QR Zones of Green Cay Wetlands Boardwalk
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The tropical hardwood hammock is located in an area of slightly higher elevation than the surrounding wetland and is characterized by hardwood forests of broad-leaved evergreen trees and shrubs. These areas are scattered throughout the Everglades, and the dense, vine-entangled tropical hardwood hammock looks like a tiny islands dotting the marsh landscape. Tropical hardwood hammocks date back thousands of years to when coral reefs were exposed by receding water levels. The tropical hardwood hammock is a self-maintaining community that usually remains untouched by fire or flood. These islands can support more than 20 species of tropical trees, shrubs, and vines, and provide critical habitat for numerous animals.
Trees: Paurotis/Everglades Palm, Gumbo Limbo, Satinleaf, Strangler Fig, Royal Palm, Paradise Tree, Wild Lime.
Understory: Simpsons Stopper, Marlberry, Corky Passionvine, Sugarberry, Red Bay, White Stopper, White Indigo Berry, Fakahatchee Grass, Spanish Stopper, Firebush, Red Mulberry, Wax Myrtle.
WAX MYRTLE - A wispy, 6-12 ft., multi-trunked, evergreen shrub, southern bayberry or wax myrtle can reach 20 ft. in height. The light olive-green foliage has a spicy fragrance. Pale blue berries occur on female plants in the winter. Handsome gray bark is almost white on some plants. Native from New Jersey west to eastern Oklahoma and east Texas, south through Mexico to Central America as well as through much of the Caribbean, this popular evergreen ornamental is used for screens, hedges, landscaping, wetland gardens, habitat restoration, and as a source of honeyThe leaves are aromatic, with an appealing, piquant fragrance when crushed. Colonists separated the fruits waxy covering in boiling water to make fragrant-burning candles, a custom still followed in some countries.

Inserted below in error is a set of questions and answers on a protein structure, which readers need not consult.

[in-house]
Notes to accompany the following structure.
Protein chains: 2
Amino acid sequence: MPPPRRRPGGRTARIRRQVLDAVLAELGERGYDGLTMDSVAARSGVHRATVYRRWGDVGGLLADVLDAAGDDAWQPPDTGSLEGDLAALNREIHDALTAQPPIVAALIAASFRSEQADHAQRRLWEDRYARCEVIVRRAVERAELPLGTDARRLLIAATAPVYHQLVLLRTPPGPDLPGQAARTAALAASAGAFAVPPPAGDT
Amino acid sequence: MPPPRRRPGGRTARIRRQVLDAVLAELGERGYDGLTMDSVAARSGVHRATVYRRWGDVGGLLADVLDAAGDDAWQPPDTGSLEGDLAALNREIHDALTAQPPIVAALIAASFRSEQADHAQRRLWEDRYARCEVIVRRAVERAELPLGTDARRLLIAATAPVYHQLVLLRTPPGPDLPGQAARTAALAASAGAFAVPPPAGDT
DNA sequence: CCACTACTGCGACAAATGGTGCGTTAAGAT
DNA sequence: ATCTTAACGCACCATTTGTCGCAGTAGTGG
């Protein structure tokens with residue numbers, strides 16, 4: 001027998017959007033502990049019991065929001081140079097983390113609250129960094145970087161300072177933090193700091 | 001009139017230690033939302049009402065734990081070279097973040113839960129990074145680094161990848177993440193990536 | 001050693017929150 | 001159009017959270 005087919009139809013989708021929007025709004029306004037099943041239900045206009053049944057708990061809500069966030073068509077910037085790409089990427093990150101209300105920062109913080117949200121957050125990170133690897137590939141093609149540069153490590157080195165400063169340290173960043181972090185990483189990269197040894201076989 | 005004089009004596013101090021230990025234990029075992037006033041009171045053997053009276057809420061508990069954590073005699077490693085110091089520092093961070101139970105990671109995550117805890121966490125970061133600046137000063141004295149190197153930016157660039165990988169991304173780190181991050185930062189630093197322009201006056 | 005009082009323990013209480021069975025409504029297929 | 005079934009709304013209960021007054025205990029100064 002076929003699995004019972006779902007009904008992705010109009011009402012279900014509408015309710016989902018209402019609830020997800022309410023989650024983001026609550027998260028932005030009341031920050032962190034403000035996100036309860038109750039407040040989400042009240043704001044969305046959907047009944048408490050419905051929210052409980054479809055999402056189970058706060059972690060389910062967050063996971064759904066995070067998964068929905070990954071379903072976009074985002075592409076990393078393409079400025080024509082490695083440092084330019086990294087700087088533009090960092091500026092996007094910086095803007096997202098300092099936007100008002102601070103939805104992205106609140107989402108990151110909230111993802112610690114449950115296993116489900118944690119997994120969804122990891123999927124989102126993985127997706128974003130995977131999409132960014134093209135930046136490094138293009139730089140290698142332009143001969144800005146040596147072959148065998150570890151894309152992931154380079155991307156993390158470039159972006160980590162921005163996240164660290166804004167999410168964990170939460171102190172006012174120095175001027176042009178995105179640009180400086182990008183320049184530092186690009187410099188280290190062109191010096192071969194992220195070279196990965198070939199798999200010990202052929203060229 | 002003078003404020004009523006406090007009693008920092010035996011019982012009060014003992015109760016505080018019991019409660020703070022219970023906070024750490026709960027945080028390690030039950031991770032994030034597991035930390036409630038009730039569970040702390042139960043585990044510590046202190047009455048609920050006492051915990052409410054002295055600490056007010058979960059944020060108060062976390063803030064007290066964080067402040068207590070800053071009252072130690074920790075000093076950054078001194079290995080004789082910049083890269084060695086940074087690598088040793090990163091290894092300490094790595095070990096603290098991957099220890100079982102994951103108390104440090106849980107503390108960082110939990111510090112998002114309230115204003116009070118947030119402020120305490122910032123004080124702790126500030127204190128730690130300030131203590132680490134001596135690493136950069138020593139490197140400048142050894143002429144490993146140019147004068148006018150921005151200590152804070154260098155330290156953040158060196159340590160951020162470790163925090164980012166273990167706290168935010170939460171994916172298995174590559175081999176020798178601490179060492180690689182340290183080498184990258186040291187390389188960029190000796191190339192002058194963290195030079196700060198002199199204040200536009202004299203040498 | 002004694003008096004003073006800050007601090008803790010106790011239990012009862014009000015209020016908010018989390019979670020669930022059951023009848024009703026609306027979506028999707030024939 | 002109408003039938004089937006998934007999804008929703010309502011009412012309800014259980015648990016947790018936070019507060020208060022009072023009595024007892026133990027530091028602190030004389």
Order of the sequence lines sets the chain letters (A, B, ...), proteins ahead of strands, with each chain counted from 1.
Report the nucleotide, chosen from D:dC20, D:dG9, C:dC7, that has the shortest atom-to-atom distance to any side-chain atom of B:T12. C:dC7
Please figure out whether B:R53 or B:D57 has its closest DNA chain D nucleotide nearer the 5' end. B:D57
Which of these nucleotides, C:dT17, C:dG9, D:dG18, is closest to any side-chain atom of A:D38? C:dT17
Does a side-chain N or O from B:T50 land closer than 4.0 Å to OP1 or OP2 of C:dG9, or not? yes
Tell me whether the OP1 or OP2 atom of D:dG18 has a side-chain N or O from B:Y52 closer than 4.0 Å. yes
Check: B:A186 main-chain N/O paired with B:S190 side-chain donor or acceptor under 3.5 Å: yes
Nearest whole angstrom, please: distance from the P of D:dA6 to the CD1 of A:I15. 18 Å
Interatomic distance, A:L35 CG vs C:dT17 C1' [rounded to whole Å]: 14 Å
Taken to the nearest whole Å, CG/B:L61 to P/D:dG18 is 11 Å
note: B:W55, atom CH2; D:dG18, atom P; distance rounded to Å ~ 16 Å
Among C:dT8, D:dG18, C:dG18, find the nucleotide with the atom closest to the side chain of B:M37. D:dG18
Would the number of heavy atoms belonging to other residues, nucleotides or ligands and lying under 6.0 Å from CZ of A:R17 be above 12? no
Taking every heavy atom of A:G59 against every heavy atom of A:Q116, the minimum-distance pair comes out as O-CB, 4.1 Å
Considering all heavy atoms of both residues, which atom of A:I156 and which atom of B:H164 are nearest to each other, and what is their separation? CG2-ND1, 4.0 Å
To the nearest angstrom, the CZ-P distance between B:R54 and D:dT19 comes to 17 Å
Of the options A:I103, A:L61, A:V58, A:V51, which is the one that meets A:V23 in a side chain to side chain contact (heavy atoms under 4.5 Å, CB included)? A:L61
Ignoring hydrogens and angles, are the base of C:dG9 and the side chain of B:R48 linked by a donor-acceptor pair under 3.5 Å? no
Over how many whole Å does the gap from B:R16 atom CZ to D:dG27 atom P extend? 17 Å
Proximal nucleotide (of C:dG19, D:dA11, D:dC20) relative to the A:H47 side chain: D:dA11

ROYAL PALM - Royal Palm trees are common in nearly every Florida tropical hammock. They are native to Florida and are commercially important to the landscaping industry in the coastal South. Roystonea is the genus name of eleven species of palms which includes royal palm. The royal palm is native to the Caribbean Islands, and the adjacent coasts of Florida, Central and South America. It is one of the most recognizable and commonly cultivated palms in tropical and subtropical regions and considered by many to be the most beautiful palm in the world.
GUMBO LIMBO - This large semievergreen tree, with an open, irregular to rounded crown, may reach 60 feet in height with an equal or wider spread but is usually seen smaller (25 to 40 feet tall and 25 to 30 feet wide) in landscape plantings. The trunk and branches are thick and are covered with resinous, smooth, peeling coppery bark with an attractive, shiny, freshly-varnished appearance. The tree typically develops from two to four, large-diameter limbs originating close to the ground. A native of south Florida and the tropical offshore islands, the soft, light-weight and easily carved wood of gumbo-limbo was used for making carousel horses before the advent of molded plastics. The gumbo-limbo is comically referred to as the Tourist Tree because the tree's bark is red and peeling, like the skin of sun-burnt tourists, who are a common sight in the plant's range.